Anatomic renal artery branch microdissection to facilitate zero-ischemia partial nephrectomy

Casey K. Ng, Inderbir S. Gill, Mukul B. Patil, Andrew J. Hung, Andre K. Berger, Andre Luis De Castro Abreu, Masahiko Nakamoto, Manuel S. Eisenberg, Osamu Ukimura, Duraiyah Thangathurai, Monish Aron, Mihir M. Desai

Research output: Contribution to journalArticle

90 Scopus citations

Abstract

Background: Robot-assisted and laparoscopic partial nephrectomies (PNs) for medial tumors are technically challenging even with the hilum clamped and, until now, were impossible to perform with the hilum unclamped. Objective: Evaluate whether targeted vascular microdissection (VMD) of renal artery branches allows zero-ischemia PN to be performed even for challenging medial tumors. Design, setting, and participants: A prospective cohort evaluation of 44 patients with renal masses who underwent robot-assisted or laparoscopic zero-ischemia PN either with anatomic VMD (group 1; n = 22) or without anatomic VMD (group 2; n = 22) performed by a single surgeon from April 2010 to January 2011. Intervention: Zero-ischemia PN with VMD incorporates four maneuvers: (1) preoperative computed tomographic reconstruction of renal arterial branch anatomy, (2) anatomic dissection of targeted, tumor-specific tertiary or higher-order renal arterial branches, (3) neurosurgical aneurysm microsurgical bulldog clamp(s) for superselective tumor devascularization, and (4) transient, controlled reduction of blood pressure, if necessary. Measurements: Baseline, perioperative, and postoperative data were collected prospectively. Results and limitations: Group 1 tumors were larger (4.3 vs 2.6 cm; p = 0.011), were more often hilar (41% vs 9%; p = 0.09), were medial (59% and 23%; p = 0.017), were closer to the hilum (1.46 vs 3.26 cm; p = 0.0002), and had a lower C index score (2.1 vs 3.9; p = 0.004) and higher RENAL nephrometry scores (7.7 vs 6.2; p = 0.013). Despite greater complexity, no group 1 tumor required hilar clamping, and perioperative outcomes were similar to those of group 2: operating room time (4.7 and 4.1 h), median blood loss (200 and 100 ml), surgical margins for cancer (all negative), major complications (0% and 9%), and minor complications (18% and 14%). The median serum creatinine level was similar 2 mo postoperatively (1.2 and 1.3 mg/dl). The study was limited by the relatively small sample size. Conclusions: Anatomic targeted dissection and superselective control of tumor-specific renal arterial branches facilitate zero-ischemia PN. Even challenging medial and hilar tumors can be excised without hilar clamping. Global surgical renal ischemia has been eliminated for most patients undergoing PN at our institution.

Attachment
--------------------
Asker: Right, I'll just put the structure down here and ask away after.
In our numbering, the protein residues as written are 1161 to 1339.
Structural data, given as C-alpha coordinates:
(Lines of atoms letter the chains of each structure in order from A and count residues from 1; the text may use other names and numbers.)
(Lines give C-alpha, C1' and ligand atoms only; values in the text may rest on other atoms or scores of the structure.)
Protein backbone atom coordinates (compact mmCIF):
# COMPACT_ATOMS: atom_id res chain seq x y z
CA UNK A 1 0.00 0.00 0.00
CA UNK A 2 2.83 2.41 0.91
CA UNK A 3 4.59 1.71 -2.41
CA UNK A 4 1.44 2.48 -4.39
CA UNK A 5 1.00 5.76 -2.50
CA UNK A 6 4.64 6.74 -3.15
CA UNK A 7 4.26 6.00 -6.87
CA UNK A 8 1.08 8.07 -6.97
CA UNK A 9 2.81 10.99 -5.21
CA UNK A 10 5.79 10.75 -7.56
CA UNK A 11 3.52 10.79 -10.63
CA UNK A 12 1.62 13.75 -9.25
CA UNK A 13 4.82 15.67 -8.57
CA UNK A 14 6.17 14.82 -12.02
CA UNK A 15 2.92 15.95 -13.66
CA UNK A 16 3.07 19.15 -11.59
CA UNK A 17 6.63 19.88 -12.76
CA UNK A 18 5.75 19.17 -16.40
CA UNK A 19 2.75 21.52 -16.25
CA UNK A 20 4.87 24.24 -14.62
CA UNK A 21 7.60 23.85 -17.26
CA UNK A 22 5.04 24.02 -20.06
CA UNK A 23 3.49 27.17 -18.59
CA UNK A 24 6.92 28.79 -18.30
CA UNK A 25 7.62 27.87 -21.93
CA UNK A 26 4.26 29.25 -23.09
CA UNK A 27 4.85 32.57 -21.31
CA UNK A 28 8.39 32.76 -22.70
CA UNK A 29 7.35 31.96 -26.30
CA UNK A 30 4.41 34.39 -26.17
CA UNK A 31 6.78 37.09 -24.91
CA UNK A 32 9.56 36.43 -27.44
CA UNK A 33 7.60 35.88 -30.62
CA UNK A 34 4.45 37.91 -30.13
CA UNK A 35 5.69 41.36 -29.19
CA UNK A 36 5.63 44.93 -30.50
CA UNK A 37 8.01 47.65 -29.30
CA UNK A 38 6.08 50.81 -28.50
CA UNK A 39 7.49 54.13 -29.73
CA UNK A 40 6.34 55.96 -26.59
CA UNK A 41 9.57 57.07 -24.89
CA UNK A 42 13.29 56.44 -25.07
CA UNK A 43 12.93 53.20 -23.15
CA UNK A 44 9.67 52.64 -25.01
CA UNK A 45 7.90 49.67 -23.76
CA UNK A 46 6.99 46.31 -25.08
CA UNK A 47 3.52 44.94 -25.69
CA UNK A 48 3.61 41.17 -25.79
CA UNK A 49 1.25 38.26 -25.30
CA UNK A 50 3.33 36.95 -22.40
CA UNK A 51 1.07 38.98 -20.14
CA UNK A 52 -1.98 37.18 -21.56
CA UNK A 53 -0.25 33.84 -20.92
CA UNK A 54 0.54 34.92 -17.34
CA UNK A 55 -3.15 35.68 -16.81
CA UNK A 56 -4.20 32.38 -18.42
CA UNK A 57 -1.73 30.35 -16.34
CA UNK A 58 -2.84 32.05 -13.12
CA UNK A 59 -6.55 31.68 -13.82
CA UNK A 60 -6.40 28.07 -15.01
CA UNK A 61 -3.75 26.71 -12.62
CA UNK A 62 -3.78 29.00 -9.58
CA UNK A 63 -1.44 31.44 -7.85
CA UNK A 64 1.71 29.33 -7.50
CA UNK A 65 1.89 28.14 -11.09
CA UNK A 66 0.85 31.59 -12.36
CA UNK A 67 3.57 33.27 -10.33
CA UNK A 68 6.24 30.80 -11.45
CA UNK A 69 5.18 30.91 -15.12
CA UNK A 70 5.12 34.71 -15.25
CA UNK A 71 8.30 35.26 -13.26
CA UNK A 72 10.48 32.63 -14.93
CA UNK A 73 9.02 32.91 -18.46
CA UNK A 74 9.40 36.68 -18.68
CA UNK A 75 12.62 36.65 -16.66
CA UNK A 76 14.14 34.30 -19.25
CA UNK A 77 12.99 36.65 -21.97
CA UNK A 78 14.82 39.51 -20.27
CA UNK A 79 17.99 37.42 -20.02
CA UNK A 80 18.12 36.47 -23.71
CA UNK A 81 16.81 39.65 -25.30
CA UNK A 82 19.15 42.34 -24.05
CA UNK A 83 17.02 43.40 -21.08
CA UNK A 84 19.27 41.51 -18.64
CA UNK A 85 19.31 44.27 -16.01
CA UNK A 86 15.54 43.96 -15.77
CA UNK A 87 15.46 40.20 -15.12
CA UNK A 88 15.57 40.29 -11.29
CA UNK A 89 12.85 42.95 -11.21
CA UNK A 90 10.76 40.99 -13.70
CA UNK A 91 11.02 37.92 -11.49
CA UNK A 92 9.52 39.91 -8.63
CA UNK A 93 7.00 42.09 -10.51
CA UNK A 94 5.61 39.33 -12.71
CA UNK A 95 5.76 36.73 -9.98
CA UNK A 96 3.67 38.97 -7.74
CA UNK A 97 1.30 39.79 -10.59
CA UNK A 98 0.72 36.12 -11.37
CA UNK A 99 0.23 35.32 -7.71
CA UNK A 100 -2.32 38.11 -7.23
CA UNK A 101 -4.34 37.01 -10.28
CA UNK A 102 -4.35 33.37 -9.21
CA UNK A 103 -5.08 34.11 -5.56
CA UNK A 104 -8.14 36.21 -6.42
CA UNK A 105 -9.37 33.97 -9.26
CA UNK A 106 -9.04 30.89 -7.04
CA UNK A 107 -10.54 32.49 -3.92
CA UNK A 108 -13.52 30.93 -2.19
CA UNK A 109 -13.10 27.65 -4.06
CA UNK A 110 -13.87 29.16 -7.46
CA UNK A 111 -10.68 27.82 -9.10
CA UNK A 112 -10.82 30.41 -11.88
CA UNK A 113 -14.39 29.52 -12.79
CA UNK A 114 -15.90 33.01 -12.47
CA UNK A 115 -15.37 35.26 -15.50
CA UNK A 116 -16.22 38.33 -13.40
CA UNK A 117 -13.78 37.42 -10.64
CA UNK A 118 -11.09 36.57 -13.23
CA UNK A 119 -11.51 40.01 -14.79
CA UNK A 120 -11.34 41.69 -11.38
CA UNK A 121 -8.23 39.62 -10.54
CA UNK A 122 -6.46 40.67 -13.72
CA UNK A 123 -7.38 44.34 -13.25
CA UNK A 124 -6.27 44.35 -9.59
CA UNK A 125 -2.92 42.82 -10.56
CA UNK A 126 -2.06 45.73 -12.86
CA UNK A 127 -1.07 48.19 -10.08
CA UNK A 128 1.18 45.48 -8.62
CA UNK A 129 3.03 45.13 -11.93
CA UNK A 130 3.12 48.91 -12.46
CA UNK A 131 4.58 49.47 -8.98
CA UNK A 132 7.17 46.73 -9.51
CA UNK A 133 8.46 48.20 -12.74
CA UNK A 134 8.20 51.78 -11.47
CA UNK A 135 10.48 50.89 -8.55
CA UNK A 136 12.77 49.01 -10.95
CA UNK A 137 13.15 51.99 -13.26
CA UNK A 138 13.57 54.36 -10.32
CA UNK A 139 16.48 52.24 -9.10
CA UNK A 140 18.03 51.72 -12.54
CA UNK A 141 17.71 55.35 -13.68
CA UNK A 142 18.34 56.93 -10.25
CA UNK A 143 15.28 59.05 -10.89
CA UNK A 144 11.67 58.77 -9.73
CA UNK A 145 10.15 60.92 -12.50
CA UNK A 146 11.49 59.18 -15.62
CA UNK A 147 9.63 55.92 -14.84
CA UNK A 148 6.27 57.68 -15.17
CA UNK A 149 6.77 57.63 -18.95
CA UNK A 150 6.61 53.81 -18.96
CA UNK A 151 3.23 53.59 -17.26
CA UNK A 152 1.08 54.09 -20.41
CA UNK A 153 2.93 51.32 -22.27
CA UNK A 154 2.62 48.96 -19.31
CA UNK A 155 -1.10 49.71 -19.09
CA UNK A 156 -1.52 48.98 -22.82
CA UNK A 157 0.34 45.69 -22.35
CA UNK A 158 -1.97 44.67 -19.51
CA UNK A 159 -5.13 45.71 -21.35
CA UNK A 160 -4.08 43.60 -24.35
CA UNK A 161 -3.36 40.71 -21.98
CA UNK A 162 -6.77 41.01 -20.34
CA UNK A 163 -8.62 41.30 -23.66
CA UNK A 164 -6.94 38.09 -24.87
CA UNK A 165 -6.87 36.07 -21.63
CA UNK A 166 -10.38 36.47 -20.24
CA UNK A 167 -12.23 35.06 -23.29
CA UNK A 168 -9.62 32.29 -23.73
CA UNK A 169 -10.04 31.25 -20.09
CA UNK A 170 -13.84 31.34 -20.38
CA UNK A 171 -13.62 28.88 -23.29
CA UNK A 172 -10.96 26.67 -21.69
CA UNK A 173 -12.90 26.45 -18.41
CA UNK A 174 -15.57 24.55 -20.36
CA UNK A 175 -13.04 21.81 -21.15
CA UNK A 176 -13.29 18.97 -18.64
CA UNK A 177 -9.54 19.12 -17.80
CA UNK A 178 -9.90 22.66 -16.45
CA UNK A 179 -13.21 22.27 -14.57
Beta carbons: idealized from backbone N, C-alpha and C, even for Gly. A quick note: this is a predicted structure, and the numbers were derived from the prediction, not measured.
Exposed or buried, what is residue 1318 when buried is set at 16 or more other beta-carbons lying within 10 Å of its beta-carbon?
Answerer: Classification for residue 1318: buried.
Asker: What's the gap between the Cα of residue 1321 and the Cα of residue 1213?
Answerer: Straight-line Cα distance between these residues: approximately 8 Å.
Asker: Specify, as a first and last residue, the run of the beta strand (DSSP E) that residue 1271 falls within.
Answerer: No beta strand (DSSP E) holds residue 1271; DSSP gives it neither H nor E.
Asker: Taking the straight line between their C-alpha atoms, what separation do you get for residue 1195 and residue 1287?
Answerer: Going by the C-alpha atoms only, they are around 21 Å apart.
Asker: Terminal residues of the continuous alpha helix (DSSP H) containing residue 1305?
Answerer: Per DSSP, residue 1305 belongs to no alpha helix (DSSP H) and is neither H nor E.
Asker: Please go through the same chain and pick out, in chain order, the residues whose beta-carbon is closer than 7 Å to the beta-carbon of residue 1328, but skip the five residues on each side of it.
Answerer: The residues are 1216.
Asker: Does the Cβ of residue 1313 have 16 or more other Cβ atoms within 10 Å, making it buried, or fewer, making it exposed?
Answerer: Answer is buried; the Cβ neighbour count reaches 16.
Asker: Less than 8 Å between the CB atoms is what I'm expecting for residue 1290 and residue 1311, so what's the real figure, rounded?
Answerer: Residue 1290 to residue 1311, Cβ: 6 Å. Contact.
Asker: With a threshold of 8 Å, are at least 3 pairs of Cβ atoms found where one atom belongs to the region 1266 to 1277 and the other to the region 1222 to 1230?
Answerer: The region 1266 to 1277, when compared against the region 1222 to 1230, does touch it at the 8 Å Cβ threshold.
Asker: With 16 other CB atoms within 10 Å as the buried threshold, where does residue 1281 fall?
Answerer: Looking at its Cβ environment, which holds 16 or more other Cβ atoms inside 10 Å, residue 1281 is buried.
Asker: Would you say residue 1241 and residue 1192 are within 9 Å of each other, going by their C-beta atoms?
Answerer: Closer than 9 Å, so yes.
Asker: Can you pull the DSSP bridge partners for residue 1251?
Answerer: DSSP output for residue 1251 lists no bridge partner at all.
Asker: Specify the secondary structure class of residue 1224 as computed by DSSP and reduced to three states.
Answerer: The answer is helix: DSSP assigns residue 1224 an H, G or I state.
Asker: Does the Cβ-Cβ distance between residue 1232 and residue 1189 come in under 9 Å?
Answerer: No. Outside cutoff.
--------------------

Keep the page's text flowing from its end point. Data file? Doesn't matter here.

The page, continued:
Original languageEnglish (US)
Pages (from-to)67-74
Number of pages8
JournalEuropean urology
Volume61
Issue number1
DOIs
StatePublished - Jan 1 2012

Keywords

  • Laparoscopy
  • Partial nephrectomy
  • Robotic
  • Zero-ischemia

ASJC Scopus subject areas

  • Urology

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    Ng, C. K., Gill, I. S., Patil, M. B., Hung, A. J., Berger, A. K., De Castro Abreu, A. L., Nakamoto, M., Eisenberg, M. S., Ukimura, O., Thangathurai, D., Aron, M., & Desai, M. M. (2012). Anatomic renal artery branch microdissection to facilitate zero-ischemia partial nephrectomy. European urology, 61(1), 67-74. https://doi.org/10.1016/j.eururo.2011.08.040